A man from New Haven, Connecticut who pleaded guilty to a number of hoaxes in 2020, including sending a letter containing white powder threatening to kill former President Donald Trump, was just sentenced to 9 years behind bars.
Gary Joseph Gravelle, 53, admitted his guilt to 7 charges of threats he made in 2018, according to John H. Durham, the US attorney in Connecticut.
Back in September of 2018, the man sent a threatening letter to Trump which contained a white powder that Gravelle said was anthrax, according to the New York Times. He also threatened federal probation officers, mental health providers, and a credit union, as well as threats to blow up planes and property at the Burlington International Airport in Vermont.
Judge Kari A. Dooley of the U.S. District Court in Bridgeport gave Gravelle a sentence of more than 7 years in jail for the threats he made back in 2018 and another 2 years for violating the conditions of his release.
The accused has been locked up since September 8 of 2018 and had previously been imprisoned for sending threats in 2010 as per Mr. Duham’s office.
It has not yet been determined where the man, who has a history of mental illness, will serve his prison time.
At the moment, Gravelle is in the Donald W. Wyatt Detention Facility in Rhode Island, where, according to his lawyer, Joseph Patten Brown, he is receiving medical treatment but is not seeing a therapist on a regular basis. Whether he will serve his sentence there, or at a hospital remains unclear.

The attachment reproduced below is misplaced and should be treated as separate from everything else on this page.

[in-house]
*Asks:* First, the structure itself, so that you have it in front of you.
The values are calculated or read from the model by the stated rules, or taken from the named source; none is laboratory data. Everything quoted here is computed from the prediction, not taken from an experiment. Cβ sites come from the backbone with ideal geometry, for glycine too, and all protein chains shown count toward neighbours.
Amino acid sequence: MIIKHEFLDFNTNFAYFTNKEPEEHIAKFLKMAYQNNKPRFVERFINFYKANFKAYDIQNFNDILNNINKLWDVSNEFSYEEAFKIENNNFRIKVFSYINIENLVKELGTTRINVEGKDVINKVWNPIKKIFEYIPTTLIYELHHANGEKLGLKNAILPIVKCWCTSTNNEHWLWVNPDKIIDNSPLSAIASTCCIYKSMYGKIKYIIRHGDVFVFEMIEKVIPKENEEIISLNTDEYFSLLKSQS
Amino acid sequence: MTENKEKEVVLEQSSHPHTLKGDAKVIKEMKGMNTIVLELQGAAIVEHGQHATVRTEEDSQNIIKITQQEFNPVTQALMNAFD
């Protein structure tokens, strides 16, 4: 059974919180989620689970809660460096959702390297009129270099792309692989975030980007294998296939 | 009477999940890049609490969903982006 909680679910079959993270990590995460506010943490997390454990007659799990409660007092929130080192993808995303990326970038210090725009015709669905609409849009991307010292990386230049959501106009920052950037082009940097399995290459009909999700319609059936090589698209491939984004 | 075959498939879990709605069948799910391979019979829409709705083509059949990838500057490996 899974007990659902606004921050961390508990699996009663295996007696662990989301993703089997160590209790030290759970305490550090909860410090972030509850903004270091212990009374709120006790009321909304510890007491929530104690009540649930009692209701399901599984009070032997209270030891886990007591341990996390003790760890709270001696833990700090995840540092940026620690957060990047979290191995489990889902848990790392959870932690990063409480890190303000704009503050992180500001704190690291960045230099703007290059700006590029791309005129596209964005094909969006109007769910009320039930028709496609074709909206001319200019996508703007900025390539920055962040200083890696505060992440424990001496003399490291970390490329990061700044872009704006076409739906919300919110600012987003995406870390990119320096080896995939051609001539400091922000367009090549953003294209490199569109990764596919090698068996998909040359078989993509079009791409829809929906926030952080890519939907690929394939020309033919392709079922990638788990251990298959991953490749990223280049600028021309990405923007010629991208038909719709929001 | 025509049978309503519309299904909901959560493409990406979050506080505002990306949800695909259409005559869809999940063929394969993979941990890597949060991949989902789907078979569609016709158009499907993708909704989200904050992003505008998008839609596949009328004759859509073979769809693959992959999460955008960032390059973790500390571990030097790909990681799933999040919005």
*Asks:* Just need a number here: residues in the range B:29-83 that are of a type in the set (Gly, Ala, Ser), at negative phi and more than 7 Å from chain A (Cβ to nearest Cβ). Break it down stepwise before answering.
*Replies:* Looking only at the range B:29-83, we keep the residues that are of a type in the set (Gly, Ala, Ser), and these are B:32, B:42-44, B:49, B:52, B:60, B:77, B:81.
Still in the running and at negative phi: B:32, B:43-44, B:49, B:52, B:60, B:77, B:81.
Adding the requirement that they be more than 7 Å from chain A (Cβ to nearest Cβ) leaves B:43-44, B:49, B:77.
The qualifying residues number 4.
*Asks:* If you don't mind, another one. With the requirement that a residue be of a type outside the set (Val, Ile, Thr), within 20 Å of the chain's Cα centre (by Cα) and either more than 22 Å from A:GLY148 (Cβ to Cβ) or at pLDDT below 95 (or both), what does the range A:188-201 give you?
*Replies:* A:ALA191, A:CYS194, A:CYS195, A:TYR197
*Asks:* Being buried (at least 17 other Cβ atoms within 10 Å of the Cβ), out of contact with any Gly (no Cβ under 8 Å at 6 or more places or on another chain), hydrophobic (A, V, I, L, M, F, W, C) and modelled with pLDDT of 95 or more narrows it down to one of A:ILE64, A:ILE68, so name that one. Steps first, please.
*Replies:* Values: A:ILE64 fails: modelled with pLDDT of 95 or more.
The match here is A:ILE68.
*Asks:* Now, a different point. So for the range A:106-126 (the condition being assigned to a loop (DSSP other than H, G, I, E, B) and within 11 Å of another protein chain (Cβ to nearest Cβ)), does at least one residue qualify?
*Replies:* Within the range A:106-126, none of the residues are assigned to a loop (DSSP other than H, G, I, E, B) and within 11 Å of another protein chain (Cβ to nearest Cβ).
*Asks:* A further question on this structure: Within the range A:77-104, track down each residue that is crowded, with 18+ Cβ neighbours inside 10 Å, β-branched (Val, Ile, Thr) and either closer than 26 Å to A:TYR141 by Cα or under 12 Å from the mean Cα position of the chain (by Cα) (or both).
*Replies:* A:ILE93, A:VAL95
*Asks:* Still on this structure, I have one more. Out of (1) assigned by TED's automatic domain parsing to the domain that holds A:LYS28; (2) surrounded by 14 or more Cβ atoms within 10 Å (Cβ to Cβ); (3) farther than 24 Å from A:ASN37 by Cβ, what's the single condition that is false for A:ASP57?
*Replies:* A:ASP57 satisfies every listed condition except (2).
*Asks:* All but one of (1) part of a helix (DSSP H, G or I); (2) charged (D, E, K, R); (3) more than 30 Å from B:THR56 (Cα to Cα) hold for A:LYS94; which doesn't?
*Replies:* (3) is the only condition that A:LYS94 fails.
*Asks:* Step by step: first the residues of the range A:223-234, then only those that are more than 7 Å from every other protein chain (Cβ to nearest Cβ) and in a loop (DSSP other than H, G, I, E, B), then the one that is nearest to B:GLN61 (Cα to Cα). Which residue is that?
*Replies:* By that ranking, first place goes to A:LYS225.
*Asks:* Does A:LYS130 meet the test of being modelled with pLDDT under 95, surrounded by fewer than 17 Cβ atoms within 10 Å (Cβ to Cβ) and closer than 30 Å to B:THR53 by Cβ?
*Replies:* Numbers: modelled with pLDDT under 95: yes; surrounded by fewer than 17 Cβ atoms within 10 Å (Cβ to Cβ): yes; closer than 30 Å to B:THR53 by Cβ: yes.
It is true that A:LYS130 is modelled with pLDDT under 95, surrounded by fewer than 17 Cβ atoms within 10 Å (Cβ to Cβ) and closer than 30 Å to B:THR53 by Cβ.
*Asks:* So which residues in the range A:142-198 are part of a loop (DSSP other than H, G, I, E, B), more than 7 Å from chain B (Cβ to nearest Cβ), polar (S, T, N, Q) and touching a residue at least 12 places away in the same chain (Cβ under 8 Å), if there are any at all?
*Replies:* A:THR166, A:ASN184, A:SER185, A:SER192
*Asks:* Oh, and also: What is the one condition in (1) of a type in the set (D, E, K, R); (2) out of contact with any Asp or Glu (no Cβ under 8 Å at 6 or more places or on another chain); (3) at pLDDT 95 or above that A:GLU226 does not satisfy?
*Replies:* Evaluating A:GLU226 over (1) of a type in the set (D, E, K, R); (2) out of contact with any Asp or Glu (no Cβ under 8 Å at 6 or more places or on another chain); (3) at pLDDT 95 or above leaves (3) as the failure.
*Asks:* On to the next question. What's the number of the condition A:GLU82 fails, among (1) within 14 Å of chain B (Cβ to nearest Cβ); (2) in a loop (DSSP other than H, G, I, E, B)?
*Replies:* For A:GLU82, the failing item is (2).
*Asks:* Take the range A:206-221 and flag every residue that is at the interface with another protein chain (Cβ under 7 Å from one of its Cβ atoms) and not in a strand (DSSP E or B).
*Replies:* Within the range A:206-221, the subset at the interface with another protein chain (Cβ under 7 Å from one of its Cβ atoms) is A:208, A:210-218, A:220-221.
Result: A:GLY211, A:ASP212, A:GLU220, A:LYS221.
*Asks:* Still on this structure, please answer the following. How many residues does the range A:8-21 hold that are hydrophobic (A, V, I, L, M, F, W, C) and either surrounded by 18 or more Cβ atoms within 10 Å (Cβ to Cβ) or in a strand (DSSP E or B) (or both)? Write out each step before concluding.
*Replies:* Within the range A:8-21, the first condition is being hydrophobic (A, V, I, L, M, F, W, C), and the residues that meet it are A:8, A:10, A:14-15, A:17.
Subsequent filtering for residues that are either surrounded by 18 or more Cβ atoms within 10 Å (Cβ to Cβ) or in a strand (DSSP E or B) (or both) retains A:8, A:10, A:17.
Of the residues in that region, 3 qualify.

His attorney would prefer the second option.
In an interview, Mr. Brown said:
“People like Gary are now just housed in jails instead of places where they can at least get some treatment.”
Connecticut Resident Admits Making Numerous Hoax Threats: Gary Joseph Gravelle pleaded guilty to charges related to threatening to kill, injure, and intimidate people and explode property in Connecticut and elsewhere. https://t.co/7opdb1poSN
— FBI New Haven (@FBINewHaven) January 9, 2020
Mr. Brown wrote to the court that Gravelle was “a sick man” who had “no intent to follow through” on his threats “or seeming ability to do so.”
The man targeted people “with no seeming pattern” with regard to ideology, race or creed, Mr. Brown wrote in his memo. His client “has no agenda other than a misguided cry for help.”
Prosecutors have acknowledged that the accused has a history of mental illness but said his actions had deeply affected those they were aimed at.
His threats “disrupted the daily lives of many and no doubt seriously frightened their recipients,” prosecutors wrote.
The victims, prosecutors wrote,
“had no role in creating any of the defendant’s problems but are forced to bear the brunt of them nonetheless.”
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